I took four children to the museum over Christmas. Including admission to a temporary exhibition - the Science of Sport - it cost nearly pound;30. Then there were the fares, the sandwiches and drinks without which an outing of this kind cannot be sustained and there is no change from pound;50. "So what?" you may say. Middle-class mums can afford to cherish their pampered little darlings at the holiday season. But is this what our great national museums are for?
When the Kensington museums were established, to "improve" the understandings of the artisan class in the 1880s, it was never envisaged that admission prices would keep them out. And now, 10 years since a policy of charging gained ground, it is surely time to ask about the consequences of levying these charges.
Neil Cossons, director of the Science Museum and pioneer of admission charging at the National Maritime Museum, has said that he does not believe the entrance figures for the Science Museum before the introduction of charging. The figures are "simply not believable" as the museum "cannot accommodate" 7,000 visitors a day in its galleries.
I am here to tell him this is wrong.
The last time I went to the Science Museum in those far-off days of 1987 it was heaving. You had to wait for every turn at the interactive exhibits of the launch pad and there were queues even to look at the steam engines and computer exhibits.
It was not, I cannot lie, comfortable, but it was exhilarating, not least because of the large numbers of unaccompanied children racing and tumbling in unimpressed mode about the galleries. But sometimes you did see in action the very thing for which we should demand free admission: you would see a child stop and stare at an aeroplane engine or a quadrant. Above all, there was this sense that the whole place belonged to everybody.
It is quite different nowadays. It is true that the museum offers free entry to school parties, under-fives and the unemployed, but adults must pay pound;5.95, and children pound;3.20. and the whole ethos has changed.
Most of the voices I heard were American or Japanese. The only children who were semi-unaccompanied were a large party of American teenagers. They were the ones pushing to the front at the demonstration of water-bottle flight though they were surely too old to need a "go".
It was the same story, only more so, in the Science of Sport exhibition. Here, even fewer people were queuing to sample such delights as electronic volleyball, where the "ball" is a blip which can be belted back and forth by the back-projected shadows of participants; cod football, where you get four kicks into a small-size goal; or machine-served tennis.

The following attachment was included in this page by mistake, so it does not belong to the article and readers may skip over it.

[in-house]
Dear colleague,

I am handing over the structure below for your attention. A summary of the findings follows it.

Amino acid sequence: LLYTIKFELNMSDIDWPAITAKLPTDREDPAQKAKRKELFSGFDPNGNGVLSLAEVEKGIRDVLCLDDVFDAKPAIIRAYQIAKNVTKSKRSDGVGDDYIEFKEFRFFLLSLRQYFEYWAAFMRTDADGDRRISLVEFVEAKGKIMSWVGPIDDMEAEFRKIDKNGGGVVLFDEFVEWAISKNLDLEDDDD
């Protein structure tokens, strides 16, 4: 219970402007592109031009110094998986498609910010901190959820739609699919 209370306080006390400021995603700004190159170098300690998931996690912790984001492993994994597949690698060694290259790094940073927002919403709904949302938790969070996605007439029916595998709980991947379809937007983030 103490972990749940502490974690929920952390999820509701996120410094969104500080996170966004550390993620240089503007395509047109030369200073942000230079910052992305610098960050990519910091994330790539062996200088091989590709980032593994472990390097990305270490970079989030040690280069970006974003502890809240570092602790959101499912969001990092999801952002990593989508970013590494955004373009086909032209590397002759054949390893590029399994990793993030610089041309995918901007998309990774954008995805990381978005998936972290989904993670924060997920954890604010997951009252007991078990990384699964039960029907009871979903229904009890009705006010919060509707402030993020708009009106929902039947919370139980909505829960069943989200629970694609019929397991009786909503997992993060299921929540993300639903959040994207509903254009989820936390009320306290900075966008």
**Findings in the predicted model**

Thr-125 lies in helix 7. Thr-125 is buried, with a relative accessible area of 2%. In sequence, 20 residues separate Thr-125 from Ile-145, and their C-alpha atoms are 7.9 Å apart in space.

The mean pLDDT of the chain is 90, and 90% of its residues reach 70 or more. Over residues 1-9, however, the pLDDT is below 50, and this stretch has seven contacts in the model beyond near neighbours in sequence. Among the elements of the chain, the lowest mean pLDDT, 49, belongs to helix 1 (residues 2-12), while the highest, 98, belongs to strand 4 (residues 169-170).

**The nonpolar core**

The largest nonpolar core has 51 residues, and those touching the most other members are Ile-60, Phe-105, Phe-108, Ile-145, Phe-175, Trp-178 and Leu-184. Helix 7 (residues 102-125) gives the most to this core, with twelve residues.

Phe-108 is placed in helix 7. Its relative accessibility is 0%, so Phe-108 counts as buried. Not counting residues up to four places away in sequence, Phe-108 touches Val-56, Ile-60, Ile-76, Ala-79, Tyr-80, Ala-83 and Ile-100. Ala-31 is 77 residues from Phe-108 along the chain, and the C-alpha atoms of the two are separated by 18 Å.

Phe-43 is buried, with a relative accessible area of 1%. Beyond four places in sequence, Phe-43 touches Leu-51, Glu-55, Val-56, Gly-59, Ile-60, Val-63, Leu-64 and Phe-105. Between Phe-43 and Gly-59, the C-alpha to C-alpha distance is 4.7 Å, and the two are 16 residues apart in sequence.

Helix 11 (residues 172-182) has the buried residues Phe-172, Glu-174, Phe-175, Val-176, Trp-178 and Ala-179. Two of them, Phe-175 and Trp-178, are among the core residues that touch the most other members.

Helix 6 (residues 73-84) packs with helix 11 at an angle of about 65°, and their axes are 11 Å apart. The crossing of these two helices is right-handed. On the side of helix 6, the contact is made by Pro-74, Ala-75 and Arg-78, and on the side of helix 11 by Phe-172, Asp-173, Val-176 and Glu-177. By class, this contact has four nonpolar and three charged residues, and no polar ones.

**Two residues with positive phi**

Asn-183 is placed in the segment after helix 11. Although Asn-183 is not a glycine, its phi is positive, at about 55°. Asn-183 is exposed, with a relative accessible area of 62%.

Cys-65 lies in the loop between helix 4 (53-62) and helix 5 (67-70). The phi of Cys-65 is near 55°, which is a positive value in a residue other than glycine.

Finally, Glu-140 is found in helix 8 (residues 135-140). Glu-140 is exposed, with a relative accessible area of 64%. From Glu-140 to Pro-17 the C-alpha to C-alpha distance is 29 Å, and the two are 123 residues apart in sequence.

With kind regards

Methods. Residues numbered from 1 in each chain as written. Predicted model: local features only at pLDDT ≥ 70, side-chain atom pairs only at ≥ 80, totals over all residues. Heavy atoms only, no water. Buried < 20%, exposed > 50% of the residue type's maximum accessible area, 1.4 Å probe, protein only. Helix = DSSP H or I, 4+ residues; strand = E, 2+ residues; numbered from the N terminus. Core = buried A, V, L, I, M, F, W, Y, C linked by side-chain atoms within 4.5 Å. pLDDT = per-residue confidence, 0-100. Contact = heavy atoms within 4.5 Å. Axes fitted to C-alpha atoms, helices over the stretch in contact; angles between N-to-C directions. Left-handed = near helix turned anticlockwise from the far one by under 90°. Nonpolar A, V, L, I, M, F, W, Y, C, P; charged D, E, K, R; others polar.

There was a small amount of information in the exhibition - weightlifters need more calories than swimmers, for instance, or why different shoes are good for different sports. But in general, it was a chance for manufacturers to advertise their yummy sports gear through sponsorship and for bored tourists to dabble in virtual physical exercise. Nothing wrong with that and perfectly good fun, but why was it going on in the Science Museum?
It is, though you would be hard pressed to guess it, still in fact our Science Museum, supported by our taxes. Yet its core business - that of presenting to our eyes and interpreting for our minds the great scientific achievements of our country and species - is marginalised. Why support it at all, when Kodak is willing to step into the breach?
On the way out, we went through the exhibit on manned flights into space, complete with real rockets, real spacesuits and real moon rocks. "But, it's so interesting!" cried my little crew. "I didn't know the museum had all this real stuff!" We had been so busy "getting our money's worth" and "having goes" that we had simple drifted past the actual collections.
My fault, no doubt, but a consequence, I suggest, of a museum marketing and presenting itself as a fun theme park and neglecting its role as mass educator. Once you charge admission, you become a hostage to the market and its whims: I would never have accepted the chaos of years gone by if I had paid for it.
But something else, more precious, I contend, is lost. Poor people cannot afford to go.
Do we believe in universal education, or not?
Victoria Neumark is a freelance journalist